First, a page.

About ALS (Amyotrophic Lateral Sclerosis)
Amyotrophic Lateral Sclerosis — more commonly referred to as Lou Gehrig's disease or ALS — is a neuromuscular disease that causes damage to the nerve cells controlling voluntary muscle movement, also known as motor neurons. It belongs to a group of diseases, known as motor neuron diseases, which affect the motor system.
ALS is characterized by damage to the motor system. The motor system is a tag team of nerve cells (neurons) that carry messages from the area that controls movement in the brain to the muscle. The first nerve cell in the tag team carries the signal from the brain to the lower part of the brain (brainstem) and the spinal cord. It is referred to as the upper motor neuron (UMN) or corticospinal tract. The upper motor neuron contacts a second motor neuron referred to as the lower motor neuron (LMN) or anterior horn cell. The LMN then carries the signal to the muscle.
ALS (Amyotrophic Lateral Sclerosis) Facts
ALS usually affects people between 55 and 75 years of age, although all ages can be affected.
While it is usually not inherited, about 5-10% of cases of ALS are familial.
The prevalence rate (how many people have ALS at one time) is about 4 cases per 100,000 people.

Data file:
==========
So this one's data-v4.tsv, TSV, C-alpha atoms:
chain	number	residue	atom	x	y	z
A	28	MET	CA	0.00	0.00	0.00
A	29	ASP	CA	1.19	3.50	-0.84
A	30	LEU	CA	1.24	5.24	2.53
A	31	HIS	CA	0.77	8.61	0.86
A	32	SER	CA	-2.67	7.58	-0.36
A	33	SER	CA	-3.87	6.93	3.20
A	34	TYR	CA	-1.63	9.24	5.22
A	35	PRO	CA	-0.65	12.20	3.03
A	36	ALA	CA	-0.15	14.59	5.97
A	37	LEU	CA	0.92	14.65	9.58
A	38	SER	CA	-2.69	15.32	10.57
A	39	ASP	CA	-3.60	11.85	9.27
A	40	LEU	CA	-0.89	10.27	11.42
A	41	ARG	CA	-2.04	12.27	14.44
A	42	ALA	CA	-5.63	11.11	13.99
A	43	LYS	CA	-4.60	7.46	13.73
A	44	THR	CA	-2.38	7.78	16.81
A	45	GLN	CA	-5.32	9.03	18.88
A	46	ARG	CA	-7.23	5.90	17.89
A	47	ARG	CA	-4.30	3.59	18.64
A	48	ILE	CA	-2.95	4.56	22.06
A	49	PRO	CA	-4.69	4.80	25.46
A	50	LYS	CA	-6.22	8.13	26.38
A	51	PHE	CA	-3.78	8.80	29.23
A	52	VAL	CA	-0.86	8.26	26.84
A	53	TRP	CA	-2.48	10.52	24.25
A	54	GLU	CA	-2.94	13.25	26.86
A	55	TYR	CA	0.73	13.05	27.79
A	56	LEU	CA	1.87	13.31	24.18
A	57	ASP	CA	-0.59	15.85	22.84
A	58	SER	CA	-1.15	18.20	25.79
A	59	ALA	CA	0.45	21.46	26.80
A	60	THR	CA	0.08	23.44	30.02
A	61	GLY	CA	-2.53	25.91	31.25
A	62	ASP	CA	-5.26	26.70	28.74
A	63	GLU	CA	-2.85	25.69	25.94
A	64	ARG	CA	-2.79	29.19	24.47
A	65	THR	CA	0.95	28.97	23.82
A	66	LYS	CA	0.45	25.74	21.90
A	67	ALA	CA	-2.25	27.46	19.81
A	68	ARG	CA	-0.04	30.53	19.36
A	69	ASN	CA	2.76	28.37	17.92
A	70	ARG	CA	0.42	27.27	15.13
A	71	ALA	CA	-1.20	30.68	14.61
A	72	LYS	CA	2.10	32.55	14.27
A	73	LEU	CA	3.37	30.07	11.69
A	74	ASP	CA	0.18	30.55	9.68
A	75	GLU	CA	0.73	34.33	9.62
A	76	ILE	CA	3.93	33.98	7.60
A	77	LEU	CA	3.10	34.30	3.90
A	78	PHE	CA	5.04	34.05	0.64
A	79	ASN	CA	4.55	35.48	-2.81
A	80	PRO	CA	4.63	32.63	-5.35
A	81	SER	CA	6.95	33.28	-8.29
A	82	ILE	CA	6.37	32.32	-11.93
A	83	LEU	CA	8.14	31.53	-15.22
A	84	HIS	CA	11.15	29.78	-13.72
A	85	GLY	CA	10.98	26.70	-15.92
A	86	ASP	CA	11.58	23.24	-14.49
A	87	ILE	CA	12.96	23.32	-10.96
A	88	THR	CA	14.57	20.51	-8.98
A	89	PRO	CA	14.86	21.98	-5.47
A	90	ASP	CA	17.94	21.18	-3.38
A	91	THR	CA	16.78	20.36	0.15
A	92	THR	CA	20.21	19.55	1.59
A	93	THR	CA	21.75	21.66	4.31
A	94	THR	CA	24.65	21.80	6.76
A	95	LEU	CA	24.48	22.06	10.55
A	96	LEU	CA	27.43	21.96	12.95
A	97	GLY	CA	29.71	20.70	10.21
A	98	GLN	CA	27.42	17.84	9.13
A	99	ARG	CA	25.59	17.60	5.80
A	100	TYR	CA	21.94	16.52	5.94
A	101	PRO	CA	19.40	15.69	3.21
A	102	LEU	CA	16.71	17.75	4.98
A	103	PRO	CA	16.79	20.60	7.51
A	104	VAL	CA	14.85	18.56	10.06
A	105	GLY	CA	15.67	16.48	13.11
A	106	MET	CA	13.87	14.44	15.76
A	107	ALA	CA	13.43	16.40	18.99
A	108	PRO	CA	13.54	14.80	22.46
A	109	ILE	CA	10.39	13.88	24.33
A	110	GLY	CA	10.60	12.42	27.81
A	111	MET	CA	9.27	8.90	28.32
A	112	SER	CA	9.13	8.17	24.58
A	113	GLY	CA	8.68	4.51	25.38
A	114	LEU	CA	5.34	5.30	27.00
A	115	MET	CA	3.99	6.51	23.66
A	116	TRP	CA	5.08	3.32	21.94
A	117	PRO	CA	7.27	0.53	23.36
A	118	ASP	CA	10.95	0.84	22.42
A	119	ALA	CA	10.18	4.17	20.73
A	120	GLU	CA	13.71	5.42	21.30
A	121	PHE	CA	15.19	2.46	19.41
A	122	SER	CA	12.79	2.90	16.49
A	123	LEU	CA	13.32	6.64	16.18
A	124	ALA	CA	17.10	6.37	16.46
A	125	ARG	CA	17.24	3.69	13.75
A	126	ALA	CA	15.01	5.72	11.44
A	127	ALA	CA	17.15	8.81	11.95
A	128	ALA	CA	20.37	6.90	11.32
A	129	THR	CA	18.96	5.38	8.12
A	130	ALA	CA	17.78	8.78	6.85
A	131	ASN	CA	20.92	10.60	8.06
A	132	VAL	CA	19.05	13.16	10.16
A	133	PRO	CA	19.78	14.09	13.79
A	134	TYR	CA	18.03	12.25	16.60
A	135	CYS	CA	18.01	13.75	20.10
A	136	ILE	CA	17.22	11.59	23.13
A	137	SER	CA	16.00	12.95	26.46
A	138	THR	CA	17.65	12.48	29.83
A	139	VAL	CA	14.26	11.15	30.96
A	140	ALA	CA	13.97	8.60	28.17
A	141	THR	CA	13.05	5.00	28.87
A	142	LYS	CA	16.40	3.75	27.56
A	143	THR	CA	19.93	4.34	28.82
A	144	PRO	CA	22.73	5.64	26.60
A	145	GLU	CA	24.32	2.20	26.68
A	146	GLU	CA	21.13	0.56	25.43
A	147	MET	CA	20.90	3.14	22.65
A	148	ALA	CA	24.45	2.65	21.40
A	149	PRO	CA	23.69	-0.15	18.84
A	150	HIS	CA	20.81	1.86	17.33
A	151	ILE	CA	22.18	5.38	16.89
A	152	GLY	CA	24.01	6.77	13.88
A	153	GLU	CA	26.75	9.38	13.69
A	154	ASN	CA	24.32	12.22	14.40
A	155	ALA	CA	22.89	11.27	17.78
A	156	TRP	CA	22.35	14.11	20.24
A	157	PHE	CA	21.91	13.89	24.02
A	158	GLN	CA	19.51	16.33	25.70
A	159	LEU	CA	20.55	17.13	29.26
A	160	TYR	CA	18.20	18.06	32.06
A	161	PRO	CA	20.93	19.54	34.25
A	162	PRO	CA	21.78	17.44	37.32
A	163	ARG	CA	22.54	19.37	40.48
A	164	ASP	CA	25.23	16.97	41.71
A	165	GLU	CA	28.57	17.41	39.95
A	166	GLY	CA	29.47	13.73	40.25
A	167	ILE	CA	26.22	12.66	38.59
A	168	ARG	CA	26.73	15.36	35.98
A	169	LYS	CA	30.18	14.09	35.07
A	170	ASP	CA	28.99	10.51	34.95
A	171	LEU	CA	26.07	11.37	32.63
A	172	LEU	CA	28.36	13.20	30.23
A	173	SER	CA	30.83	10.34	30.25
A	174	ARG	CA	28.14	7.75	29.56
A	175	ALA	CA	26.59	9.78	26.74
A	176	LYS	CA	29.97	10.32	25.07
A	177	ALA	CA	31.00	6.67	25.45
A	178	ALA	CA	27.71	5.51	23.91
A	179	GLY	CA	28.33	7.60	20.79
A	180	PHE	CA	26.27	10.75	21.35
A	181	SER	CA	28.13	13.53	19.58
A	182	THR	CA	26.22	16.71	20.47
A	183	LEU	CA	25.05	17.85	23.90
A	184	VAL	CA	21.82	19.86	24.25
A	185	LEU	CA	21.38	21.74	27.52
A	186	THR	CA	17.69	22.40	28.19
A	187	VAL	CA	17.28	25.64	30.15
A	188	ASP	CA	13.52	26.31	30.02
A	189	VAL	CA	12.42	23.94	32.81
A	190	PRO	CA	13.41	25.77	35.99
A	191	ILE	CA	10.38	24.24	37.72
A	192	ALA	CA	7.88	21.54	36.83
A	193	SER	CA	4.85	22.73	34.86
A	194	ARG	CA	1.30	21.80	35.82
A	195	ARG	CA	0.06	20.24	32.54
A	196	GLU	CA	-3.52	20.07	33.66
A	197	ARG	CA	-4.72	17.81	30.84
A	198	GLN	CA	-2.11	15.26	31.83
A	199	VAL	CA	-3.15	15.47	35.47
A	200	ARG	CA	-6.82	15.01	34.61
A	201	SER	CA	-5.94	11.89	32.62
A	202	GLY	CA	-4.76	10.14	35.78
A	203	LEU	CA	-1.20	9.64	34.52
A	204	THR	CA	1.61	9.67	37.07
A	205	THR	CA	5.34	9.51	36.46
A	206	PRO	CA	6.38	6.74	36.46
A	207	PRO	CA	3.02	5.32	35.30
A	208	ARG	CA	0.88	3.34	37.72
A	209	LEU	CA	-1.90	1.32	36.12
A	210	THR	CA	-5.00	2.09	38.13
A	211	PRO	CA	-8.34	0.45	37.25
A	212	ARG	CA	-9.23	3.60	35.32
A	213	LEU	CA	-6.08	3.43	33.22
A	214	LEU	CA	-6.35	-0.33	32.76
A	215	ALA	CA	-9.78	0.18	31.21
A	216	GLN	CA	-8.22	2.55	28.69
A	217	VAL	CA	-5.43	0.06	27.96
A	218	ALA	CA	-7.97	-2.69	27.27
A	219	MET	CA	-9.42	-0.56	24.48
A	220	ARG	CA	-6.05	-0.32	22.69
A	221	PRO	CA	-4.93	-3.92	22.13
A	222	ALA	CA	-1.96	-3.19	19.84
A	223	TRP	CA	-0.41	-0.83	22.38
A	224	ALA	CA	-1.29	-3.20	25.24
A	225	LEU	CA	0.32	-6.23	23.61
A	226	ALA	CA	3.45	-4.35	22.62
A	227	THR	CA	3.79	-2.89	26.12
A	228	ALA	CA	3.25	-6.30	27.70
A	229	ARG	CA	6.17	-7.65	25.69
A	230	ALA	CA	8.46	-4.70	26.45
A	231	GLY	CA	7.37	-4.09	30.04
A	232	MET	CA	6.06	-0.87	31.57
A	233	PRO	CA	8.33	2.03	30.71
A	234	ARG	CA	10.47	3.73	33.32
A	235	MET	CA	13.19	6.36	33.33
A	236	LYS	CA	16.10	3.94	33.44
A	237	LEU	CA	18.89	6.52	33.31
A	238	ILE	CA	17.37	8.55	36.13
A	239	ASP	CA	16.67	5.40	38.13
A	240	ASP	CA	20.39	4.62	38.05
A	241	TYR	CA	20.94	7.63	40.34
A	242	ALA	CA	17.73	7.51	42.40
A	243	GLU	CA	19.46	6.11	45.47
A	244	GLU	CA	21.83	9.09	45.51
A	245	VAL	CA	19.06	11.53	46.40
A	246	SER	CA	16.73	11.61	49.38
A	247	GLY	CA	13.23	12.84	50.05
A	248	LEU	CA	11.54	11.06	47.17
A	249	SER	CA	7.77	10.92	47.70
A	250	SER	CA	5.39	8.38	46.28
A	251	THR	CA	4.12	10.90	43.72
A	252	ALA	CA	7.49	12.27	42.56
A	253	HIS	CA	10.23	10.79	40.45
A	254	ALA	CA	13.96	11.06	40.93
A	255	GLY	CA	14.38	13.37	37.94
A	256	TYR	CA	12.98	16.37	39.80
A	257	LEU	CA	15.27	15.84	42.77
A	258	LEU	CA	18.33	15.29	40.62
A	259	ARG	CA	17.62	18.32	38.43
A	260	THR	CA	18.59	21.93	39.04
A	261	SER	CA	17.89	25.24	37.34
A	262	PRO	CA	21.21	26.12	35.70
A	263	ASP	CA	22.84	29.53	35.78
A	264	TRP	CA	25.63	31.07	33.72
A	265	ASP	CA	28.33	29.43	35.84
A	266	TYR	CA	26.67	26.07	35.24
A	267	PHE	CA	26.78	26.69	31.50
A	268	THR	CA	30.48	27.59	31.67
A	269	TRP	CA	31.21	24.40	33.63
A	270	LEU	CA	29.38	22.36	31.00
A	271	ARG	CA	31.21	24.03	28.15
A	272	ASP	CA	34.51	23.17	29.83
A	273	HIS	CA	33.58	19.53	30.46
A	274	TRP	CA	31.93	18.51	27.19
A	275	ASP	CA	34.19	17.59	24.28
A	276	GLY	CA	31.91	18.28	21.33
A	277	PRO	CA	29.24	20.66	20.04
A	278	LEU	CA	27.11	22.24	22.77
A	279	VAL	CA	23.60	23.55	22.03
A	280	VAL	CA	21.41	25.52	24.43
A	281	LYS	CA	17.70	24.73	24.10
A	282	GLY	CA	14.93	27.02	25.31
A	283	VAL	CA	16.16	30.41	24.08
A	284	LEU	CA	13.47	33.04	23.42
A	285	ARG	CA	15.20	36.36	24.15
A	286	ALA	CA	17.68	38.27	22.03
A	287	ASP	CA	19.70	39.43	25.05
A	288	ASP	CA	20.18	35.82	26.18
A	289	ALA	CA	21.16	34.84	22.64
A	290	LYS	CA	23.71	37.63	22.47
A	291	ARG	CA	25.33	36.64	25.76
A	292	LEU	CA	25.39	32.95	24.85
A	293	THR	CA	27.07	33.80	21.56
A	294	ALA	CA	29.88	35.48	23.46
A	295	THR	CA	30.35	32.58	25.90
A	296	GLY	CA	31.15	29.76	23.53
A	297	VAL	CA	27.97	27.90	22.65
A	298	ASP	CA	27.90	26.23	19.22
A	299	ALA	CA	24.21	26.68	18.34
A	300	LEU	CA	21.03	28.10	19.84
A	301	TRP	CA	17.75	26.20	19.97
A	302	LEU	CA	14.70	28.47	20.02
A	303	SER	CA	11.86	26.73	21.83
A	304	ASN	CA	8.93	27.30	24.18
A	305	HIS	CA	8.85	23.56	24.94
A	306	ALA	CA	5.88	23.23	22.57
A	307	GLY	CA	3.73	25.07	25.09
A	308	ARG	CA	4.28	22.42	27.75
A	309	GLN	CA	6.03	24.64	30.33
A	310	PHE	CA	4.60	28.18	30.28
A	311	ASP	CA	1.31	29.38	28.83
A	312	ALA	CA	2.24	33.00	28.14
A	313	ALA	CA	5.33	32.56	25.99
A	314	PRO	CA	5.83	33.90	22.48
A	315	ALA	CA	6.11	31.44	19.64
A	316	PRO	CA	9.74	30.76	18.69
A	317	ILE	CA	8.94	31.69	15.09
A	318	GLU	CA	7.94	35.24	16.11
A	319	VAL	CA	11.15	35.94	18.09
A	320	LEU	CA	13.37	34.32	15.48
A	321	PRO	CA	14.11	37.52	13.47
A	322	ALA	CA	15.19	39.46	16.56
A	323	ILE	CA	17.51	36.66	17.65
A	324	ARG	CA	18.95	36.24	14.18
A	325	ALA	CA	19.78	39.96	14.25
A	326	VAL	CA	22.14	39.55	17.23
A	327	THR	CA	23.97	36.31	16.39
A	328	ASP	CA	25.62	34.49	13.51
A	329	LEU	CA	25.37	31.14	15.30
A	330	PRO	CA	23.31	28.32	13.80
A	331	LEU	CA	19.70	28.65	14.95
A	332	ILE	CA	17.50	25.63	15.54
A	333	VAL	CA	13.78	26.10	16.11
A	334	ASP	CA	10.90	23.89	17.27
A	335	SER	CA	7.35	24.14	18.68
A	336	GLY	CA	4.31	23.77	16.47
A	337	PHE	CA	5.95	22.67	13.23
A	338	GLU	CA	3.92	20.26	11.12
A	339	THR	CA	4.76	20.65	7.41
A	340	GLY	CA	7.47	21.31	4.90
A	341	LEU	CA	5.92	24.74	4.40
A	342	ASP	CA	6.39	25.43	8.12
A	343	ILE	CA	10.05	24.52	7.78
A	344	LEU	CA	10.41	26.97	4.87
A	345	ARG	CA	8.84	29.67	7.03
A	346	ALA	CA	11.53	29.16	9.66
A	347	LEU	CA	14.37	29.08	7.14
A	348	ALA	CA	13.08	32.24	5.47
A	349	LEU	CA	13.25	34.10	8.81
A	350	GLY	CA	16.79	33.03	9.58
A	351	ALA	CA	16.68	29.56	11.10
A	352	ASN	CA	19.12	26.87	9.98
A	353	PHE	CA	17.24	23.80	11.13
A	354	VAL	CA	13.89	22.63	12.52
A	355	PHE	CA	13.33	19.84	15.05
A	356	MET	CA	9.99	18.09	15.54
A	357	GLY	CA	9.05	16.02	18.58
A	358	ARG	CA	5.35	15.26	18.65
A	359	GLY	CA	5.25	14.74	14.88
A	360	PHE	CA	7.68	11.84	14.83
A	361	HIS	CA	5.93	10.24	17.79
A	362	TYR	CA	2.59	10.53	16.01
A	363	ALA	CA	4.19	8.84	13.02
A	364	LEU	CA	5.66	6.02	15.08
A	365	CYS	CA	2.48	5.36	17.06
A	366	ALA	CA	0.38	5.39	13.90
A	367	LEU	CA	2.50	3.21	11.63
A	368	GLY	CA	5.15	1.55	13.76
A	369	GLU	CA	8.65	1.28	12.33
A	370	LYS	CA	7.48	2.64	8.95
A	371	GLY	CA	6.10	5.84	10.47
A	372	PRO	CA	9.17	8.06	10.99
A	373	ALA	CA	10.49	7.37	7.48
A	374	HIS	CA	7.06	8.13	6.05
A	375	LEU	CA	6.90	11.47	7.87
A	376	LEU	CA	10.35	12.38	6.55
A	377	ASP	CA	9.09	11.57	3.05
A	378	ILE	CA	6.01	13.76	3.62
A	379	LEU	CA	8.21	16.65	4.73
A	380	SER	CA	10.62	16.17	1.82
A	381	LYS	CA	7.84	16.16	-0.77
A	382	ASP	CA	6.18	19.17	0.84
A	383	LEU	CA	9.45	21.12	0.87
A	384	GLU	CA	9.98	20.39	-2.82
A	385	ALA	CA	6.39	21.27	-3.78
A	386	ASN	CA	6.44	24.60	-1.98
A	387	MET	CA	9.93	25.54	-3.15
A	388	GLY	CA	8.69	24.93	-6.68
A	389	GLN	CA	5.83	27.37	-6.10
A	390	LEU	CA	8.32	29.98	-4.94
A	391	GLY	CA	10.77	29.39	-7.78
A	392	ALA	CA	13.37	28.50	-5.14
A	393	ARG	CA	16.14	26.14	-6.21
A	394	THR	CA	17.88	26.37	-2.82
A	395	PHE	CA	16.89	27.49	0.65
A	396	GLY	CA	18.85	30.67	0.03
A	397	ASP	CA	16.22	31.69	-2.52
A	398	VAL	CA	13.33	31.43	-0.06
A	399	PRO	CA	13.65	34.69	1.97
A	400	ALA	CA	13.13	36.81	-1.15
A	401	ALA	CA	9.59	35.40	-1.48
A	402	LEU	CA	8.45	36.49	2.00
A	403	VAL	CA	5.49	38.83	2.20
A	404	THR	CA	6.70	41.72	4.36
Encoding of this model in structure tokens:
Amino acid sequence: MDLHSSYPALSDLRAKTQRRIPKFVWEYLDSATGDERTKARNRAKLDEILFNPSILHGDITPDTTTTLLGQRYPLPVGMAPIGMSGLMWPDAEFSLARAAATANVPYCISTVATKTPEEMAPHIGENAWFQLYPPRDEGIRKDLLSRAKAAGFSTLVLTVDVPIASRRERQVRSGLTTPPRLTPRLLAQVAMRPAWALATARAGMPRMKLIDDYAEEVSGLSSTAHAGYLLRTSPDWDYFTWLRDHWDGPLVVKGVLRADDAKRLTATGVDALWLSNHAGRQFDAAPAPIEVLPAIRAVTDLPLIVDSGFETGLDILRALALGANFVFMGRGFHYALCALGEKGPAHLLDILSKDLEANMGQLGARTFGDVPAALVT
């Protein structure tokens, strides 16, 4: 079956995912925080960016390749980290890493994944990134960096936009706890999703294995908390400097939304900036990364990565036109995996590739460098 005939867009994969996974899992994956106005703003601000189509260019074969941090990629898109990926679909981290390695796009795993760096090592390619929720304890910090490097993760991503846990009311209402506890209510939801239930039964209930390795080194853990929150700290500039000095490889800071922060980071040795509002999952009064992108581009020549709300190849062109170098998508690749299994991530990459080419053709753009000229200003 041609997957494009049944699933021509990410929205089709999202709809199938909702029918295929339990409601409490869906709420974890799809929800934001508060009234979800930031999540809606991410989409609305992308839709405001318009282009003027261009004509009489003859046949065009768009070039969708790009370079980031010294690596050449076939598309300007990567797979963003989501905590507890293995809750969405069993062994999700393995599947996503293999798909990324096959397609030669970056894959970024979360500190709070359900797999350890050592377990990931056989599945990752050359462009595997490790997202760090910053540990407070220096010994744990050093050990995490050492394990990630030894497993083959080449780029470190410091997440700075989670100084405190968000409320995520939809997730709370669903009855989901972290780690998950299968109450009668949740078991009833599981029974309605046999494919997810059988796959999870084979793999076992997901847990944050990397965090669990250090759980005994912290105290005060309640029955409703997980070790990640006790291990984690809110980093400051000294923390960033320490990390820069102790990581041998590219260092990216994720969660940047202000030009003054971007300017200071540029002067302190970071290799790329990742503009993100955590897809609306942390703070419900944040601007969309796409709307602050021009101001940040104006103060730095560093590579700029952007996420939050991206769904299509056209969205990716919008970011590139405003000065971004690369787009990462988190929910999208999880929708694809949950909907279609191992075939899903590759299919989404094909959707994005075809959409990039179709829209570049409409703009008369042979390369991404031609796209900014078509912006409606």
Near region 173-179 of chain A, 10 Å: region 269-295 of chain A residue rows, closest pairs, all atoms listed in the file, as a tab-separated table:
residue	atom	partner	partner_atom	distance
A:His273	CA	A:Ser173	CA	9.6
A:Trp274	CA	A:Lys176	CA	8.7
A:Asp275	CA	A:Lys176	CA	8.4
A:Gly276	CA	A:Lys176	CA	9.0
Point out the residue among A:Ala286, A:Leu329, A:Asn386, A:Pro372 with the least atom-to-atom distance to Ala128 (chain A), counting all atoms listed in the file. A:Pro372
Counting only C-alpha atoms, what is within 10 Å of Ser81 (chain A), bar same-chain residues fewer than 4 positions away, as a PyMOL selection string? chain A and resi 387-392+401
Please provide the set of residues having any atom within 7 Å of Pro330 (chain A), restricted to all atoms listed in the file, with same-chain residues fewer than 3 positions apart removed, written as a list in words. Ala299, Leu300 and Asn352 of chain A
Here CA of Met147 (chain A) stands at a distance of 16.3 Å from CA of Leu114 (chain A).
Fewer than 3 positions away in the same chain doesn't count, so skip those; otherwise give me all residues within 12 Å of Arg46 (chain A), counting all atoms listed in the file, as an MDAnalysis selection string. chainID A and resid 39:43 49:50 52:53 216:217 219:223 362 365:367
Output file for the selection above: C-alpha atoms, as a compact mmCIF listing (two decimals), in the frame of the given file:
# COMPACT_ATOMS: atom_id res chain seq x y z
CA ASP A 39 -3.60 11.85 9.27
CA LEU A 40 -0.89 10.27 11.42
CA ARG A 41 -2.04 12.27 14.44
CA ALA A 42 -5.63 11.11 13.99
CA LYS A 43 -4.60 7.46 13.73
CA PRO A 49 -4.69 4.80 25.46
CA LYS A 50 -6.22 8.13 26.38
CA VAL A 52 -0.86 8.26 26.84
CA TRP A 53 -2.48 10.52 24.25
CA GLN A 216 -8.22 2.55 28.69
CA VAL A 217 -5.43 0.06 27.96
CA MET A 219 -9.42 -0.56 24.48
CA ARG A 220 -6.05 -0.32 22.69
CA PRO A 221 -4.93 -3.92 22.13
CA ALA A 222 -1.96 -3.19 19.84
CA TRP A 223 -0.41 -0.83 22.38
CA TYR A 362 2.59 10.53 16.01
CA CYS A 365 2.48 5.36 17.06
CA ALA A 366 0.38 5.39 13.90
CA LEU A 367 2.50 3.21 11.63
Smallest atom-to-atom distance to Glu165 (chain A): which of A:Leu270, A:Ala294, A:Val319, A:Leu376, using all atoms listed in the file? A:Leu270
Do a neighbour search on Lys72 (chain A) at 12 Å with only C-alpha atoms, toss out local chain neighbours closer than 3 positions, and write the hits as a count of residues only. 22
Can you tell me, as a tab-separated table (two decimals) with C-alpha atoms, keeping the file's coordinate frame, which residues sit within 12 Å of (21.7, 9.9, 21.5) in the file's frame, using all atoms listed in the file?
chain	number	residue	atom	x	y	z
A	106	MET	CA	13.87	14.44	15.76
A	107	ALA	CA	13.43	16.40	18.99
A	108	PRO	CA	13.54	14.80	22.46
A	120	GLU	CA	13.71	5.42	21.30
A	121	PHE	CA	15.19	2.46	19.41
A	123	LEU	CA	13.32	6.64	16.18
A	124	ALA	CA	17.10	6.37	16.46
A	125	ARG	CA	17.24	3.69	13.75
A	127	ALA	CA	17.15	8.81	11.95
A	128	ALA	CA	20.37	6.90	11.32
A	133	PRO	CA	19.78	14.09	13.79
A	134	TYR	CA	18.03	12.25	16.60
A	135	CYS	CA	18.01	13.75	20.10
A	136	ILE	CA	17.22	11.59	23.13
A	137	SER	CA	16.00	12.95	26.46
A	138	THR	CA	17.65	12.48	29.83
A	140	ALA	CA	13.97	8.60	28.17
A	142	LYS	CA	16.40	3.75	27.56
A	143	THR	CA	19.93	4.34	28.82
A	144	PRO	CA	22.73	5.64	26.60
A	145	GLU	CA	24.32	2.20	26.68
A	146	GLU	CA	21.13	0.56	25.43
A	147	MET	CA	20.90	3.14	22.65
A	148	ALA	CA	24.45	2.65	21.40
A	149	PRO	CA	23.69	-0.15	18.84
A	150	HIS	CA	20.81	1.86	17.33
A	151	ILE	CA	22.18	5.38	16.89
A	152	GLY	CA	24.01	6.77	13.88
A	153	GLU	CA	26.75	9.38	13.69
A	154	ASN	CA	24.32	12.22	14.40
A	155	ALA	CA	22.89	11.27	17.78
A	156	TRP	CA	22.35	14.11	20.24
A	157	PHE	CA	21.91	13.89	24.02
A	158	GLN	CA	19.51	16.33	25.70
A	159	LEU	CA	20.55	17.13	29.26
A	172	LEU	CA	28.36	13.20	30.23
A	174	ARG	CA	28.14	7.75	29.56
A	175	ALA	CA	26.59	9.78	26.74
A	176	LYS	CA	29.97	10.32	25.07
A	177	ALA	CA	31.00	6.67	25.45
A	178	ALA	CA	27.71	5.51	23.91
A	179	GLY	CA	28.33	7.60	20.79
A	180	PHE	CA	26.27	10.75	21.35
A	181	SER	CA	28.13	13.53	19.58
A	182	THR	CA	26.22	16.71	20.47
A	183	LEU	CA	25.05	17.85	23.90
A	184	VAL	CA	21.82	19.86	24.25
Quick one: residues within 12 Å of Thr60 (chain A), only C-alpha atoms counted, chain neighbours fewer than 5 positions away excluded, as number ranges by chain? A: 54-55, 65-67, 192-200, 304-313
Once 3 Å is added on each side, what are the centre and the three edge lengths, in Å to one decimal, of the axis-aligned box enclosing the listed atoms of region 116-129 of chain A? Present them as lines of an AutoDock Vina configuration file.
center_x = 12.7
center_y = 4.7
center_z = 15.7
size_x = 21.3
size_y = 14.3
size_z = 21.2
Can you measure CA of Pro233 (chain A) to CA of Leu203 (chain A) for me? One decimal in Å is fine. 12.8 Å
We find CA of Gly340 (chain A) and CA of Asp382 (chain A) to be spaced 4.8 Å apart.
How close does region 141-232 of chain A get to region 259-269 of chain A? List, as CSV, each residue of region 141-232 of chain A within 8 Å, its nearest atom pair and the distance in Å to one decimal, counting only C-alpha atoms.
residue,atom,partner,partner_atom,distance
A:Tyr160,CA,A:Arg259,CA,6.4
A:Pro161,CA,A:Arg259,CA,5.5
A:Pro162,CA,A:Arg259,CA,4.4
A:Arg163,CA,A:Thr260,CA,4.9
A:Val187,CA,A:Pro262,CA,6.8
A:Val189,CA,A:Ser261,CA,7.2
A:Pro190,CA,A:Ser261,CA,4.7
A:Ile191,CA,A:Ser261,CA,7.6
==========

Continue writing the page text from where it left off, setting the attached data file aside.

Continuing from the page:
The incidence rate (how many new cases of ALS occur in a time period) is about 1 new case per 100,000 people each year.
Males are more commonly affected by ALS, at a ratio of about 2:1.
ALS (Amyotrophic Lateral Sclerosis) Symptoms
ALS Symptoms vary from one person to the next. Symptoms reflect weakness and thinning of muscles due to the involvement of the LMN as well as stiffness from the UMN involvement. Onset can begin in the muscles that are innervated by the bulbar neurons (such as those used in speaking and swallowing) or in muscles innervated by nerve cells in the spinal cord causing weakness in one arm or one leg. A person newly diagnosed with ALS may:
Trip, drop things, slur his or her speech, twitch, and laugh or cry uncontrollably.
Experience abnormal fatigue of the arms or legs and muscle cramps.
Have difficulty walking and/or performing activities requiring the hands.
In 20% of ALS cases, voice and swallowing begin to decline first. Another 40% have symptoms in the arm first while the rest of people experience problems in their legs. Over time, the disease spreads from one area to another and gradually the people living with ALS will lose movement in muscles throughout the body, including the muscles used in breathing.
The average lifespan after diagnosis with ALS is about 36 months.
Diagnosis of ALS (Amyotrophic Lateral Sclerosis)
The diagnosis of ALS is made by identifying damage to the motor system, with damage to both the upper and lower motor neurons. This is done using a clinical examination and electomyography (an EMG test). All other possible causes of that damage must be excluded and there must be progression of the weakness over time with involvement of multiple areas in the nervous system. The areas that are evaluated include the bulbar region (speech and swallowing), cervical region (arms, diaphragm), thoracic region (muscles of breathing), and the lumbar region (legs).
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